Carbohydrates play a critical role in the activity of many important biological agents and pharmaceuticals, and small alterations in their structures can have a significant impact on their efficacy. Hence, it is not necessarily unexpected that naturally occurring glycans and sugar appendages are so structurally diverse. What is surprising, however, is that most of these unusual carbohydrates are biosynthesized from a relatively small pool of common sugars via a series of reactions that often include new and unusual chemical transformations. By exploiting the machinery of these pathways, it is possible to enhance or vary the biological activities of the glycosylated compounds and apply the principles learned to new systems. However, in order to fully realize the potential of such an approach, the biosynthetic pathways must be characterized and the underlying chemistry thoroughly understood. In this spirit, we have identified several systems to be investigated in the next funding period. The first specific aim is the mechanistic study of the five- to four-membered ring contraction at the heart of oxetanocin A and albucidin biosynthesis. The enzymes involved in these reactions are members of the B12- dependent radical SAM family that has only recently been discovered and remains very poorly understood. The ultimate goal of the work proposed is to determine the mechanism of the highly unusual ring contraction as well as the roles played by the B12 cofactor and the radical SAM machinery. The second specific aim is focused on understanding the mechanism by which glycosidic linkages are oxidatively cyclized to form the characteristic spirocyclic ortho-?-lactones of the orthosomycin class of antibiotics and in particular hygromycin B. This is an unprecedented transformation in carbohydrate biochemistry that is likely to involve radical intermediates and be of value to the discovery of new orthosomycin antibiotics. The third specific aim seeks to complete the description of gentamicin biosynthesis. The final uncharacterized process in this pathway is a unique ?,?-dideoxygenation that stands in contrast to all previously characterized monodeoxygenation reactions involving carbohydrates. While there is little information about how this dideoxygenation might be accomplished, genetic analyses suggest the involvement of exciting radical chemistry. Through the collective application of our expertise in deoxysugar biosynthesis, chemical synthesis and enzymology, we aim to investigate the uncharacterized enzymes in the pathway to resolve this question.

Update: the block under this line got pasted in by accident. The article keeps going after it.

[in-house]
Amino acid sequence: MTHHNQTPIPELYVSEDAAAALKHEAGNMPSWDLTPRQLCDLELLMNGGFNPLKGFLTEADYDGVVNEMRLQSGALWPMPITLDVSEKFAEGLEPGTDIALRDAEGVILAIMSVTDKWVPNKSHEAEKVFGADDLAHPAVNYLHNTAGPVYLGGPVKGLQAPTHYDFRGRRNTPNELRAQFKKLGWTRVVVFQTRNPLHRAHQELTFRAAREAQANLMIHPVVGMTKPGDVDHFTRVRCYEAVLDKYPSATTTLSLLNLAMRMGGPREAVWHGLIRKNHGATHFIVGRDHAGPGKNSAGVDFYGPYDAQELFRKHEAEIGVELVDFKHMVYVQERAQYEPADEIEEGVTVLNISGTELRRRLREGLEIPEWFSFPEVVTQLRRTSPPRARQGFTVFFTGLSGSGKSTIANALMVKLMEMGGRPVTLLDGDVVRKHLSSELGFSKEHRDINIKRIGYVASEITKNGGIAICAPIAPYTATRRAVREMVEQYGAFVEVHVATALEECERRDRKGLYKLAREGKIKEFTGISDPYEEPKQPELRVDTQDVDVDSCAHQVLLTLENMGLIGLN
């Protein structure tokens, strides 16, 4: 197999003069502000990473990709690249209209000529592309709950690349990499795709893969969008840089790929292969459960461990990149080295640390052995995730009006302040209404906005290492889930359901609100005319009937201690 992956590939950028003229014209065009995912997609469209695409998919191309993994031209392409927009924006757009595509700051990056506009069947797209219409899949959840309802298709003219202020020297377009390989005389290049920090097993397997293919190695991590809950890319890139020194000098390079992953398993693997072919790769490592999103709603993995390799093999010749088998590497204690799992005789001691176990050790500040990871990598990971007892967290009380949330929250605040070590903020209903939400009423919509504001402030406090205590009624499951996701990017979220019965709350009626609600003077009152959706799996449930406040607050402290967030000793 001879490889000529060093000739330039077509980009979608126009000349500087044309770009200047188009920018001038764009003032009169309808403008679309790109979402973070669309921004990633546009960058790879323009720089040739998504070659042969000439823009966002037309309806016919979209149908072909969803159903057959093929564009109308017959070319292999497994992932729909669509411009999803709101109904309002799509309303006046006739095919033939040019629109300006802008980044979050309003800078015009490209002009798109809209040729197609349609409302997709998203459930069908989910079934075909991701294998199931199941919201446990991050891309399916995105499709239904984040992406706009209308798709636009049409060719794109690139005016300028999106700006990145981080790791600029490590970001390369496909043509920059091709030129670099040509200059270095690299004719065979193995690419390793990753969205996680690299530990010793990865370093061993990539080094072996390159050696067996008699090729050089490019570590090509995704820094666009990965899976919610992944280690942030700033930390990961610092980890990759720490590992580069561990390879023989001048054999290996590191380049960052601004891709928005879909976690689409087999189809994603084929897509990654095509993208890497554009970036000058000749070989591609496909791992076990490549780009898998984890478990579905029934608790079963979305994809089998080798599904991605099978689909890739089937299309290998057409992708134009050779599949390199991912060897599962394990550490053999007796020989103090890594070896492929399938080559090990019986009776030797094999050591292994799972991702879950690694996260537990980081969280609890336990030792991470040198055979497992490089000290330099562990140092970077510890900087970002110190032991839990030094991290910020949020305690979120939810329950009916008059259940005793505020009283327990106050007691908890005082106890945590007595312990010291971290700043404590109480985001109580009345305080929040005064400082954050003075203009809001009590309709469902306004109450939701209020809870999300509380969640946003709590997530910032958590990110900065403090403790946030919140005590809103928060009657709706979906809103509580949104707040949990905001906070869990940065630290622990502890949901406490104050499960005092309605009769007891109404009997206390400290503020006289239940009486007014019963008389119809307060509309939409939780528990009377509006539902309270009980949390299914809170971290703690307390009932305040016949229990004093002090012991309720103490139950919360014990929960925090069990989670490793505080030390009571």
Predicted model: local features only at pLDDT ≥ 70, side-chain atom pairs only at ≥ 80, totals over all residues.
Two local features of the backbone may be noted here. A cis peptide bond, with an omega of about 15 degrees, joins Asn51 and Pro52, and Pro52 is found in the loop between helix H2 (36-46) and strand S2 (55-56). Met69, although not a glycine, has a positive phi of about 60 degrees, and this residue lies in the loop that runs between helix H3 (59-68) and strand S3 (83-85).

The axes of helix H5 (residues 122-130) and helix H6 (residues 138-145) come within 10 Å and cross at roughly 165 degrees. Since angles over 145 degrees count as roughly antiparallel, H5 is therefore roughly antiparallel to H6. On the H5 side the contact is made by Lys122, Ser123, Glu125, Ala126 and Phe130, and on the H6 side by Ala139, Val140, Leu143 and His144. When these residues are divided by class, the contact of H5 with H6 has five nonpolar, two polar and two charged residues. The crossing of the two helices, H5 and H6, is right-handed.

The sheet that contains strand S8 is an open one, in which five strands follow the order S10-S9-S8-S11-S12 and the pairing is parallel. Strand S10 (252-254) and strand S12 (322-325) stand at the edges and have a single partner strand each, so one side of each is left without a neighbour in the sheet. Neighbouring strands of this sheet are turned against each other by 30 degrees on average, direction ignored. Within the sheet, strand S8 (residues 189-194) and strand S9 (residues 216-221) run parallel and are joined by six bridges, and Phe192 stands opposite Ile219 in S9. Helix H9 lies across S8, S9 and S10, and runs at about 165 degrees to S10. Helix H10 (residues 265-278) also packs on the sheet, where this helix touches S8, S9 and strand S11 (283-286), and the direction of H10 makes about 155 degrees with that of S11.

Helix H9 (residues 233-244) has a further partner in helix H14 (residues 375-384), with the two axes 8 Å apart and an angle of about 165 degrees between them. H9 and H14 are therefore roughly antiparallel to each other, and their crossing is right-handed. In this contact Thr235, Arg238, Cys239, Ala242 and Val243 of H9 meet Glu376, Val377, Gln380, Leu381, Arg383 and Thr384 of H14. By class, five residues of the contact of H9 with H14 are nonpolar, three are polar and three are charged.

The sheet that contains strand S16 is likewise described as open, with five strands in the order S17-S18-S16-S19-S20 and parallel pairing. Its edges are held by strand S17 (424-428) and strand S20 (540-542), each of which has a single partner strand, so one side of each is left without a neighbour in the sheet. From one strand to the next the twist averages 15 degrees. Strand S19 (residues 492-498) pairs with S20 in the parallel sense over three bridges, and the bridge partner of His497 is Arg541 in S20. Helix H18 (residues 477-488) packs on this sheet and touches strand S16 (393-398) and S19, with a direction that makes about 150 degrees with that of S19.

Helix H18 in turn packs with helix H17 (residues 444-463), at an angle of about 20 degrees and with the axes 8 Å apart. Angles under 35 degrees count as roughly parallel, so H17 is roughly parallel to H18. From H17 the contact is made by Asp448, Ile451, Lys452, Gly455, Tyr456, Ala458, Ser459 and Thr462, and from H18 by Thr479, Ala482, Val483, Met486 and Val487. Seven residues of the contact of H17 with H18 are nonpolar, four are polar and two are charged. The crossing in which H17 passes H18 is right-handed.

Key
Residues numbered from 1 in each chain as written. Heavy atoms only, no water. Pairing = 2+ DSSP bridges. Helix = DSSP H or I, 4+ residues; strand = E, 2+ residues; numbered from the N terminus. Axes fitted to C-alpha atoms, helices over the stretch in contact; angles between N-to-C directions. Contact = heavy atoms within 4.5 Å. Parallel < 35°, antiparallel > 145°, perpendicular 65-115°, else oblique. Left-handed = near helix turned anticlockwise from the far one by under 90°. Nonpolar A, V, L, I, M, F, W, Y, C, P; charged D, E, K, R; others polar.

These research aims have been selected on the basis of their novelty, implications for the fields of mechanistic enzymology and natural product biosynthesis as well as potential utility in biomedical and biotechnological research at the basic and translational levels.
Carbohydrates with chemically complex and unusual structures play a central role in drug design, because they often represent critical structural features necessary for the antimicrobial or anticancer properties of the active pharmaceutical ingredient. The carbohydrate-containing natural products proposed for study herein have been specifically selected not only for their antibacterial (hygromycins and gentamicins) and antiviral (oxetanocin and albucidin) properties, but also because of the unprecedented chemistry involved in their biosynthesis. Addressing the gaps in our understanding of natural product biosynthesis and mechanistic enzymology that these compounds represent is thus the focal point of the current proposal. Pursuing these questions will expand our understanding of complex mechanistic enzymology and thereby continue to develop the biochemical foundation on which new pharmaceuticals are discovered and improved.
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